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What junior golfers really think about the college recruiting process

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At the 2018 National Golf Coaches Convention in Las Vegas, I spent a lot of speaking to coaches about the recruiting process. Based on the feedback, I decided to do something a little different; look at the recruitment process from the perspective of the junior golfer. With the feedback I collected I created a 10-question survey with some interesting questions. Then with the help of the Junior Tour of Northern California (THANK YOU!), collected response from 57 junior golfers. Here are the questions and what I found:

Q1: What percent more would a mid-major school have to offer you for you to turn down an offer from a major conference school like UCLA, Stanford or University of Florida?

Average Answer: 62 percent

Q2: How many times does a coach have to watch you play 9 holes for you to feel like they are REALLY interested?

Average Answer: 8

Q3: How many college teams do you follow on social media?

Average Answer: 7

Q4: Would you commit to a school without meeting the coaches or team and touring the facilities?

Answer: 16 percent – YES  84 percent – NO

Q5: Would you prefer: A better coach, a better facility or a better team travel schedule?

Answer:

58 percent: better Coach
25 percent: Better Facility
17 percent: Better Travel Schedule

Q6: Would you pay to attend a one-day camp to interact with a coach of a school you are interested in?

82 percent – Yes
18 percent – No

Q7: What is the perfect age to make a commitment to play college golf?

Average Answer: 16 years old

We also asked players, what do you like most to see on social media from a college team? Since the question was qualitative, we got a range of answers but, in general, respondents wanted to see the team having fun/bonding/what the players are about, as well as the scores of the players (both in qualifying and tournaments).

Obviously, the average responses don’t necessarily tell the whole story. When looking closer at the numbers for example, I found that:

  • 70 percent of players indicated that if a coach watches them 2-4 times, they know they are very interested
  • 10 percent of players expected a coach to watch them 10 or more times to be very interested
  • 30 percent of players follow 1 or less team on social media while only 10% follow more than 25

For me, the most notable take-aways from the survey were the fact that junior golfers put the biggest priority on the coach, over facilities and scheduling by a significant margin. While building facilities are important, Athletic Directors should balance the investment in facilities with bigger investments in coaches.

It was also shocking that 14 percent of junior golfers would commit to a school without visiting the campus? Speaking to coaches at the convention, our guesses were that this number would be very close to zero, however clearly, I was wrong.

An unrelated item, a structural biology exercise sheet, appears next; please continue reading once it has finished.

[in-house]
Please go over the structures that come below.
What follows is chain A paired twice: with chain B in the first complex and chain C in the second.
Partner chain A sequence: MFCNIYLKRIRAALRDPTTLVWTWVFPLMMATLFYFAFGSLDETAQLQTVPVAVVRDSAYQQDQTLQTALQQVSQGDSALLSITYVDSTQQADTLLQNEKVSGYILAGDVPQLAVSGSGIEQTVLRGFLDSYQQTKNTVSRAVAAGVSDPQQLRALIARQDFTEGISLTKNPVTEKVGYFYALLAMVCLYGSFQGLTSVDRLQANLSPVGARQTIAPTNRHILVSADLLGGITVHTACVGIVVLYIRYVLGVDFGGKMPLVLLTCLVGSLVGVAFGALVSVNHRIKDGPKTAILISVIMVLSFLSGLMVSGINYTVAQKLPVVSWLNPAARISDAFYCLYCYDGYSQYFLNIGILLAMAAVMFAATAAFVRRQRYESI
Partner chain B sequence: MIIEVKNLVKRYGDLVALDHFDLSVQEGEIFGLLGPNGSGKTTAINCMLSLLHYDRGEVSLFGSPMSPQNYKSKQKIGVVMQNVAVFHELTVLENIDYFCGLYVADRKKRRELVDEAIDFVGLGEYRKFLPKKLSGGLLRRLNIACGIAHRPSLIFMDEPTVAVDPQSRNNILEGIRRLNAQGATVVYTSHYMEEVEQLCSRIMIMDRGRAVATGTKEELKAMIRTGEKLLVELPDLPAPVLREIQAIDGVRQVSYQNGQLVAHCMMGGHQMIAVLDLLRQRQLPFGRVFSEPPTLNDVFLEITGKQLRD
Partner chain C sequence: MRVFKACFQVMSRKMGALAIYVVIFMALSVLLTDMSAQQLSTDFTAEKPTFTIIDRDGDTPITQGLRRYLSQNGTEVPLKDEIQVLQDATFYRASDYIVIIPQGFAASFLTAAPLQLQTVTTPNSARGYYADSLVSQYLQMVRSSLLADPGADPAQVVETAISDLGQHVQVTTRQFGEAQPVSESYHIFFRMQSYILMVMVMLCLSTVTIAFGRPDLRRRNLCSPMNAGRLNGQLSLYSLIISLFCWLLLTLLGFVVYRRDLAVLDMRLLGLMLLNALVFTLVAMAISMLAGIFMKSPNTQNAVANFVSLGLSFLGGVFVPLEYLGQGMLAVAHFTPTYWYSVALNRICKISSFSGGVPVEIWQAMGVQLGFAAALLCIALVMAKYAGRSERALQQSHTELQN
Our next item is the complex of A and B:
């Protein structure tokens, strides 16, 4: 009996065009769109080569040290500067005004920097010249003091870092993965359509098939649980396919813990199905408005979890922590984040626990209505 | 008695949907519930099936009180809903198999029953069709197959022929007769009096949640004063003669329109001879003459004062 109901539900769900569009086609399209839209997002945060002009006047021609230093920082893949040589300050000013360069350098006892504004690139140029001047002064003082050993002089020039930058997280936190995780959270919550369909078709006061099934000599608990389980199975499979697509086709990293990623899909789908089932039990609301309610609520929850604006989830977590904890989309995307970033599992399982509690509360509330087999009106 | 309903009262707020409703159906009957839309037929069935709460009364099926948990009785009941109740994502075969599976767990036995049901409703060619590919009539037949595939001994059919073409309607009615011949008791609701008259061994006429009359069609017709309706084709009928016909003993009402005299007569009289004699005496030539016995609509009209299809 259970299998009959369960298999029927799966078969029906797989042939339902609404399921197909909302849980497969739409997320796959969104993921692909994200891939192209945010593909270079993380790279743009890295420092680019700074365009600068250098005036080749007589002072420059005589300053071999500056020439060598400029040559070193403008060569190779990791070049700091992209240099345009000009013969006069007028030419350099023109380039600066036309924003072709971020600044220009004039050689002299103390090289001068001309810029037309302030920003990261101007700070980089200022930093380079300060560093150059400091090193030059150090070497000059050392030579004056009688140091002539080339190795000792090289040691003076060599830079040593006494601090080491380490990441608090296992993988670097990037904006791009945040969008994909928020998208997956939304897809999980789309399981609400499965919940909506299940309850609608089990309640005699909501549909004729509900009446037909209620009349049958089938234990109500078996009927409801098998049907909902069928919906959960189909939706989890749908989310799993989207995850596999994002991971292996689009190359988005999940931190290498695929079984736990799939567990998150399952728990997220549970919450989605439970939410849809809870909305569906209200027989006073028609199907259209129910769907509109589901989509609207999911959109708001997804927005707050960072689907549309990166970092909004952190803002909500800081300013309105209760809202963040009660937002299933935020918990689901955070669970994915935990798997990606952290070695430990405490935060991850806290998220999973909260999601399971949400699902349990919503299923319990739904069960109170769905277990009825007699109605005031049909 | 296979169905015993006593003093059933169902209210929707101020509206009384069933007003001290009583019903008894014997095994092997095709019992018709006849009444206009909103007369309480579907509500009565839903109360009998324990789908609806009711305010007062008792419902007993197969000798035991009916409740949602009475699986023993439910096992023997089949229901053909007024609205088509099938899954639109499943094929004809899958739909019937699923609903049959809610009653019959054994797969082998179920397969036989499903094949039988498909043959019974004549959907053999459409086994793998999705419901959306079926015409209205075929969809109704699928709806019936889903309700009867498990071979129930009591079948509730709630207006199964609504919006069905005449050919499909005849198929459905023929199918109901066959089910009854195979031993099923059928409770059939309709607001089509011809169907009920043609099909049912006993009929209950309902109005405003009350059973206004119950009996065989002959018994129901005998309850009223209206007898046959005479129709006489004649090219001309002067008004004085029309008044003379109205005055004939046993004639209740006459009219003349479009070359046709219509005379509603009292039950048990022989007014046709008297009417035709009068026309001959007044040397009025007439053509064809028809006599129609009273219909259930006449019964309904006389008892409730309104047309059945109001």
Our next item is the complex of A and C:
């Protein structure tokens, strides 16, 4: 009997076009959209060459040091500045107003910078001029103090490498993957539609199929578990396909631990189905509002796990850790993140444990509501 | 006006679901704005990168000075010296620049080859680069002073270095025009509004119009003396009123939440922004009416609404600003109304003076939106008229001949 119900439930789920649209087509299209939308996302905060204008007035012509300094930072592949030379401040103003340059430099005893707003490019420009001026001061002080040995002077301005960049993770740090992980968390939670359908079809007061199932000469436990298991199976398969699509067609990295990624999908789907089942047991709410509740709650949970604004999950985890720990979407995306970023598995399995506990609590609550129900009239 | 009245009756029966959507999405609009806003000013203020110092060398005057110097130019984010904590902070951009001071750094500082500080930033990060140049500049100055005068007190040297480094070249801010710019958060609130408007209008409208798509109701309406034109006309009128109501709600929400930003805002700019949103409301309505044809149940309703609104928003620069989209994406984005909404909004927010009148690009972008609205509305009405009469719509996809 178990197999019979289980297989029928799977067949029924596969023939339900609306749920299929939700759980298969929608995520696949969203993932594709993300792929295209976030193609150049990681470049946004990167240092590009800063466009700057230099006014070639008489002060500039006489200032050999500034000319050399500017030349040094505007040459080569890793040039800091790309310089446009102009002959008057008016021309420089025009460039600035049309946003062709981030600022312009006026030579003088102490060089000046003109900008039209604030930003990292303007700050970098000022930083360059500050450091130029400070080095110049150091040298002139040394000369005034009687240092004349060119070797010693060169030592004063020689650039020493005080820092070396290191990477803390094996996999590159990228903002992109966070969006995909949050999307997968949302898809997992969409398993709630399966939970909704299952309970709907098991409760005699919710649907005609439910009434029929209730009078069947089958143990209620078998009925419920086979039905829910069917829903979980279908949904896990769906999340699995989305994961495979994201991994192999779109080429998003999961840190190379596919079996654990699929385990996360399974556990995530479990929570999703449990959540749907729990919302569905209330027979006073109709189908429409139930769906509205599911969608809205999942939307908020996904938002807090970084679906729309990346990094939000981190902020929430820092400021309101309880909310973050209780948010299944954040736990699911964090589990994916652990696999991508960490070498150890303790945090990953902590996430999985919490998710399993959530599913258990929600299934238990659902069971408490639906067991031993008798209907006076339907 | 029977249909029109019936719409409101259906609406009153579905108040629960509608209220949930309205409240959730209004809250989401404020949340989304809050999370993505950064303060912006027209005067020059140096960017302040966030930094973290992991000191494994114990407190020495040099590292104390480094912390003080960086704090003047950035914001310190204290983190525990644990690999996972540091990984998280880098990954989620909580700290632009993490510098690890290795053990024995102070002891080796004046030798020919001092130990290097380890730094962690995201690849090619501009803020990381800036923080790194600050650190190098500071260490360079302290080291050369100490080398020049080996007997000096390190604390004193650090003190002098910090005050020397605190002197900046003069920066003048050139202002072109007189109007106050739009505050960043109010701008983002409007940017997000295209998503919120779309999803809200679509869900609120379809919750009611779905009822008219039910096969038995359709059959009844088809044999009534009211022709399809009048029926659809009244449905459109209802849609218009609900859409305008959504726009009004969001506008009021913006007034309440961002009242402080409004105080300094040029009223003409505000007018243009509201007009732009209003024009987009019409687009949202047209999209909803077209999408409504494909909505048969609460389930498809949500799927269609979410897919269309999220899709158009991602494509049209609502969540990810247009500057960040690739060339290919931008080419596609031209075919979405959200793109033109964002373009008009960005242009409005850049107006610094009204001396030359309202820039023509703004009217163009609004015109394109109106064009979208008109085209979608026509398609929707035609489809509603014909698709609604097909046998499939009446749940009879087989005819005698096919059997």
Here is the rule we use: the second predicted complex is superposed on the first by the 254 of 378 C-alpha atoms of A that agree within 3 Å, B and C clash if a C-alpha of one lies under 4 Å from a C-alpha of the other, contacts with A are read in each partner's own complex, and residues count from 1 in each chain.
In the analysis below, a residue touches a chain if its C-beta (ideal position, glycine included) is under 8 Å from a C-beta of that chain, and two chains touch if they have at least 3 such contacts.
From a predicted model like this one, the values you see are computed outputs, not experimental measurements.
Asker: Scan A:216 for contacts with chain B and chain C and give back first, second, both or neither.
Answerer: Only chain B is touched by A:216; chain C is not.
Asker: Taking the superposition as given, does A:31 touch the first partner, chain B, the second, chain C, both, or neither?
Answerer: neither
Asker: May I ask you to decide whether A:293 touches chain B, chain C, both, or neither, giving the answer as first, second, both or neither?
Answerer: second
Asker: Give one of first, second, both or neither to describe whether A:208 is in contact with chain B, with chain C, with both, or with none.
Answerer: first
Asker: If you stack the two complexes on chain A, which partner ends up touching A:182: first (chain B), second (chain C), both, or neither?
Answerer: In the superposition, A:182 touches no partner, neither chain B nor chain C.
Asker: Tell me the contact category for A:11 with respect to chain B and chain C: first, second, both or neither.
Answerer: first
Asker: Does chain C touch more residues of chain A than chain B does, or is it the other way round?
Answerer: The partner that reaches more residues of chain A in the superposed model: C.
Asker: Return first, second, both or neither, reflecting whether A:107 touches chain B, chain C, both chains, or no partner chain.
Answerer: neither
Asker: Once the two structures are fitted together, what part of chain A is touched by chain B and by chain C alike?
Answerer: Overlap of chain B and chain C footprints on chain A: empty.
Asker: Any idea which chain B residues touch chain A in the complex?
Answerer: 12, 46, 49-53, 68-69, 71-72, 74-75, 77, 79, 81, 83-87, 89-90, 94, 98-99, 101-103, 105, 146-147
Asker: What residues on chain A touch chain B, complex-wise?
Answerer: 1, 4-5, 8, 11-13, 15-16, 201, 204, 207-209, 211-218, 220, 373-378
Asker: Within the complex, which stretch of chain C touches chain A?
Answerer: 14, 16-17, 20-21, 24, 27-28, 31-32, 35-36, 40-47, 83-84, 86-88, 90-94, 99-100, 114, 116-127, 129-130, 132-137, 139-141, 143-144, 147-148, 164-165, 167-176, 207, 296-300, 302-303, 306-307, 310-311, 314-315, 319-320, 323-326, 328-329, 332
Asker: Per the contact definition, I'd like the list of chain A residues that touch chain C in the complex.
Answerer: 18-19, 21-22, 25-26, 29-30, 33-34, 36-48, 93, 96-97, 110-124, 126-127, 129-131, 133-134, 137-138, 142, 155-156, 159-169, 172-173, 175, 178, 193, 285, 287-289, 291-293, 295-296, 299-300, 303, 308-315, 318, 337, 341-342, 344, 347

Let’s hear from you, what are the questions you want to see in the next survey? Any of the results from this survey shock you? Please comment below!

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Brendan is the owner of Golf Placement Services, a boutique business which aims to apply his background in golf and higher education to help educate players, their families and coaches about the process! Website - www.golfplacementservices.com Insta - golf.placement.sevices Twitter @BMRGolf

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1 Comment

  1. The dude

    Mar 3, 2019 at 6:36 pm

    Really good article……a bit surprising “better Coach” was that important….above facility (I played D1…..facility is VErY important…)

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The Gear Dive

The Gear Dive: TrackMan’s Lance Vinson Part 2

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In this episode of the Gear Dive, Johnny goes even deeper into the TrackMan data with Tour Rep Lance Vinson. It’s a ridiculous nerd out covering what the future holds, who is the most efficient player on tour, who hits it the best and a million other things.

Check out the full podcast on SoundCloud below, or click here to listen on iTunes or here to listen on Spotify.

Want more GolfWRX Radio? Check out our other shows (and the full archives for this show) below. 

 

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Mondays Off

Mondays Off: How is the new PGA schedule looking? Gross golf bag cleaning story!

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The new PGA schedule is out and how will so much major golf look in the fall. What golf gear would you buy with your stimulus check if you could blow it all on golf? Knudson has a gross story about cleaning out a golf bag.